A new freight forwarder enters the field
Ray Katte always had an eye for opportunity and identified one in building on the Customs service offering through expansion into the associated area of freight forwarding services. Robert Hunter was approached by Katte to lead the new operation, which launched in 1994 as BCR.
Hunter had the experience and knowledge to spearhead the new freight forwarder in partnership with Ray Katte and his son David Katte. The new international freight forwarding company operated under its own identity, BCR Australia Pty Ltd, to ensure there could be no risk to the reputation of the Frank Cridland Ray Katte Customs Agencies brand should it not succeed.
By building on similar values to those that ensured the success of Cridland and Katte, succeed it did. BCR soon developed a national footprint that covered all major ports, airlines and land freight routes. Offices were opened in Melbourne, Brisbane and Perth to boost the level of service provided by the original Sydney office.
The success of the new company soon reassured the management of Frank Cridland Ray Katte Customs Agency that its standing had not been compromised. And in 2006 BCR formally purchased the Agency and the services of both companies were combined under the BCR banner to provide an integrated freight forwarding and Customs service offering to both existing and new customers.
In 2012, to further meet the diversifying needs of its customer base and attract new business, the range of services was expanded to include 3PL warehousing and distribution. Continuing to be at the forefront, in 2017 BCR was accredited as an Australian Trusted Trader, making it one of the first Australian-owned freight forwarders and 3PL providers to receive this globally recognised accreditation.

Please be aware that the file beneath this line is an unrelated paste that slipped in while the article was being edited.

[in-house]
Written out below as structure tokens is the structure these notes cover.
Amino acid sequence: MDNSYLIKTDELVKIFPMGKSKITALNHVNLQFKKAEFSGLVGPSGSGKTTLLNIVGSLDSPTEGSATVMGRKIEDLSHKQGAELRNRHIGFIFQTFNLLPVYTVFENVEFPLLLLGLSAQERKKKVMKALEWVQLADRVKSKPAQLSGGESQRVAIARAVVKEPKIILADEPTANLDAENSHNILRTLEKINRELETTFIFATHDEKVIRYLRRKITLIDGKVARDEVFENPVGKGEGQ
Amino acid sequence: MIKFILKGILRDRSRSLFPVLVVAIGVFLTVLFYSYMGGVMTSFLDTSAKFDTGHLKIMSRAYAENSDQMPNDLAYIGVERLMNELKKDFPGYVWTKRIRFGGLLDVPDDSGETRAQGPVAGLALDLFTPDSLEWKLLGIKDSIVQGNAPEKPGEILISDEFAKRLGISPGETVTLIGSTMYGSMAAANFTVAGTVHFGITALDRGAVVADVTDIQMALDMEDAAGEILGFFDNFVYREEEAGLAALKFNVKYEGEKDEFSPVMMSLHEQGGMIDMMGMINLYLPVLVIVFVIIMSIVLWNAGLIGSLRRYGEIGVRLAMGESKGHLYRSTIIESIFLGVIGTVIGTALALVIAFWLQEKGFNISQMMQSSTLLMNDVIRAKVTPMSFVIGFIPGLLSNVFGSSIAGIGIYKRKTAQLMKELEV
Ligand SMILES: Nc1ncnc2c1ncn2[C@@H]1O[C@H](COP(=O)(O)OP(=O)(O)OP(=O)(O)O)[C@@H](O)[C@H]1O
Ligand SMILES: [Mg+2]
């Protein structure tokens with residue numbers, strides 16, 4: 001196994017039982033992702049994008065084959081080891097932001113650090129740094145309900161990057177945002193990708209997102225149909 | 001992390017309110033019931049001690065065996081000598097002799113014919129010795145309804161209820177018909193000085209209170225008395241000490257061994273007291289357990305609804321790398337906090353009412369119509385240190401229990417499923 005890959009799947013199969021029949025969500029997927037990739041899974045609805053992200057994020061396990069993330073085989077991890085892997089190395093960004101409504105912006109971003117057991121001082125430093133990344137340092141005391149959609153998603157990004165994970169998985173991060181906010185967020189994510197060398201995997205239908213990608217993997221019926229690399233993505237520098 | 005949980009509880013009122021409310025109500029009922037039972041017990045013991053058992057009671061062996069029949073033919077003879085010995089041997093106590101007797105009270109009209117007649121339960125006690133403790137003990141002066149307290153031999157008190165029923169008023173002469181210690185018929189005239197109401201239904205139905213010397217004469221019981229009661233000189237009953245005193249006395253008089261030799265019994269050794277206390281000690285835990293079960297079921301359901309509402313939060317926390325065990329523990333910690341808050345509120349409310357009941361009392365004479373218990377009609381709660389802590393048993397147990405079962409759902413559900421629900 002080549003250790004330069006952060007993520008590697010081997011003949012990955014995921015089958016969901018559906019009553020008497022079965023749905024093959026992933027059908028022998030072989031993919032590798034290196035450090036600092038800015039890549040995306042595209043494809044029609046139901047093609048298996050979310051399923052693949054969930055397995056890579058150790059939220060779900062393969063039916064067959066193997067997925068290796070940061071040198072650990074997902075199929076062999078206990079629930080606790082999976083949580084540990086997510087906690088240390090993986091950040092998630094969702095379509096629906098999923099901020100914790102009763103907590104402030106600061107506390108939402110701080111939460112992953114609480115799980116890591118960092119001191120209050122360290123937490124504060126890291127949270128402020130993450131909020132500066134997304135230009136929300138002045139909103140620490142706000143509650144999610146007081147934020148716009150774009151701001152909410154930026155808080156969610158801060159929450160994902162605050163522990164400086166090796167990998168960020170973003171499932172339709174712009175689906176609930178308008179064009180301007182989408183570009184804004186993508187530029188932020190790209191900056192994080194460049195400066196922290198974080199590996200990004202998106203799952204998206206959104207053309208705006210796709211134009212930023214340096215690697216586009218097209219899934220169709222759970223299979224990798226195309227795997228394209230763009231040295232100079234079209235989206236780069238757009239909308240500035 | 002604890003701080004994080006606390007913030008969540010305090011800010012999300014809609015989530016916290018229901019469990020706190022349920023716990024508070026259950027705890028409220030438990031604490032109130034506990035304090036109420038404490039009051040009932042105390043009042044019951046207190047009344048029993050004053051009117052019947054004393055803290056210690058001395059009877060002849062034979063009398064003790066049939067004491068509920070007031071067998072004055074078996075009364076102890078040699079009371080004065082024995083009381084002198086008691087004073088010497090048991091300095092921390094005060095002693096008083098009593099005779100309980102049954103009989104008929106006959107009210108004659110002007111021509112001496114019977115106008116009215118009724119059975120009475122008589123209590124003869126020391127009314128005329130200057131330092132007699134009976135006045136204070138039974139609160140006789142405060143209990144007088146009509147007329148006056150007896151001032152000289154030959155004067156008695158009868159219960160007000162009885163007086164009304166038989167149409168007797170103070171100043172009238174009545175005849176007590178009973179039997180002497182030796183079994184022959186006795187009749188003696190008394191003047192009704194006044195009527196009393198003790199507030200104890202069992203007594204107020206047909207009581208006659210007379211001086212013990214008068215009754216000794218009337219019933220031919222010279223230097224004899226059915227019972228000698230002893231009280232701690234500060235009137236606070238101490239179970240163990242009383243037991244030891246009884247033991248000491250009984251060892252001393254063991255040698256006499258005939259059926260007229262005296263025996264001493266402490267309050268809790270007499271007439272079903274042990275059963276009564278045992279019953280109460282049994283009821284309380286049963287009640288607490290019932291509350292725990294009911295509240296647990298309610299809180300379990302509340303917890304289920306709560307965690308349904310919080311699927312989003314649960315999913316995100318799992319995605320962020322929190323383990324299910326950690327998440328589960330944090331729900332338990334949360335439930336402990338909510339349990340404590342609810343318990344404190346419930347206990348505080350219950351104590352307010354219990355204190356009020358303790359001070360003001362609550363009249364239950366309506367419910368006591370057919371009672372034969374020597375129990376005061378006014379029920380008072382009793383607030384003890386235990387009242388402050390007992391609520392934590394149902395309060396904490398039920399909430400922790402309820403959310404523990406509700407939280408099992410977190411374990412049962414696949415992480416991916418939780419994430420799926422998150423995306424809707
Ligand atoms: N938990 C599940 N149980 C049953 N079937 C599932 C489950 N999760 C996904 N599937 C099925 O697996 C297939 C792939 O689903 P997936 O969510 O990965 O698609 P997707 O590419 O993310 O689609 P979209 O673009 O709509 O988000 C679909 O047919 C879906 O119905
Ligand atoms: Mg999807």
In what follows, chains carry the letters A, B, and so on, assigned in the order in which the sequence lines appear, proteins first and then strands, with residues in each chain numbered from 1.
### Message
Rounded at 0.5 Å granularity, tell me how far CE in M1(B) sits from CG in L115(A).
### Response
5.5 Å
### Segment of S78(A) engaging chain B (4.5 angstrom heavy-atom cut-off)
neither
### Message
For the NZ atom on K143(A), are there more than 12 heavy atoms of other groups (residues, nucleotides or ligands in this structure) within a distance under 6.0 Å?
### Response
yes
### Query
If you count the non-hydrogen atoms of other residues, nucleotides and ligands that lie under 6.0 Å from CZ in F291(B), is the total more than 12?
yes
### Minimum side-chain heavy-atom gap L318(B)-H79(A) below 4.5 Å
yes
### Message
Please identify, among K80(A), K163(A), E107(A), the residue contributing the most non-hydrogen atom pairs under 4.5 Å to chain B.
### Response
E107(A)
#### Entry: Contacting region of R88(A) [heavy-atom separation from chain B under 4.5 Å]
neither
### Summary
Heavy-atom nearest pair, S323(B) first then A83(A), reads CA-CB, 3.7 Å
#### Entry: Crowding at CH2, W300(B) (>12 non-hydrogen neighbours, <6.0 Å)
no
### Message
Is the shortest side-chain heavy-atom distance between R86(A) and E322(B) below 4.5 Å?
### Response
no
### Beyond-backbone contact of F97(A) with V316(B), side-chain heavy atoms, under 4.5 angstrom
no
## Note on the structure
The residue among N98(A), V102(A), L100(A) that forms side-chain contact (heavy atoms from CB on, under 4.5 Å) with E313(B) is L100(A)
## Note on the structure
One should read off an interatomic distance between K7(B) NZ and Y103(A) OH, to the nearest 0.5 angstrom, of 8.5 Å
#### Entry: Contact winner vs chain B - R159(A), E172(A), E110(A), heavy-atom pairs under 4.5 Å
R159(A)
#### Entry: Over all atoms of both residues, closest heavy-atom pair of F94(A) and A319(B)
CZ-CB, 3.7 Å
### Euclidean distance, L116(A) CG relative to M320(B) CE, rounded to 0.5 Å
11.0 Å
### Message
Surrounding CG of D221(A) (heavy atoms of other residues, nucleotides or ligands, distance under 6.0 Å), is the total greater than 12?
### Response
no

The ever-evolving nature of 3PL and freight forwarding
With 125 years of history and progress behind it, BCR continues to look ahead to how it can provide the highest quality freight forwarding, customs consulting and 3PL logistics services to its customers. BCR offers many of the benefits of working with a multinational provider, such as a robust global network, structured procedures and quality management, while at the same time providing the customised service levels and access to management that are positive aspects of working with boutique providers.
“Building on the values Frank Cridland and Ray Katte instilled into their businesses is key to us in how we move forward into the future,” BCR Director and co-owner Robert Hunter says. “We have renewed our focus squarely on our customers both present and future, and have a firm vision to collaborate with them, understand their needs and be a trusted partner to their business.”
The son of Ray Katte, David Katte, who first brought the company into the digital age in the 1980s, is still a co-owner and Director of the business. “Our mission is to provide our customers with solutions that are tailored to their needs and contribute to their success,” Katte says. “We believe in being proactive, creative and we are passionate about building a mutually beneficial relationship with our customers. It’s been an incredible 125 years of evolution in the logistics industry. I’m excited to see the new challenges and innovations that are yet to come, and discovering how we can use them to provide the next generation of freight forwarding, third party logistics solutions and customs consulting services that contribute to the success of our customers.”
For more than a century, BCR has continued to help small, medium and large businesses achieve an optimum logistics solution with warehousing and transportation, including air freight and sea freight services to and from the major ports including Brisbane, Sydney, Melbourne, Adelaide and Fremantle (Perth).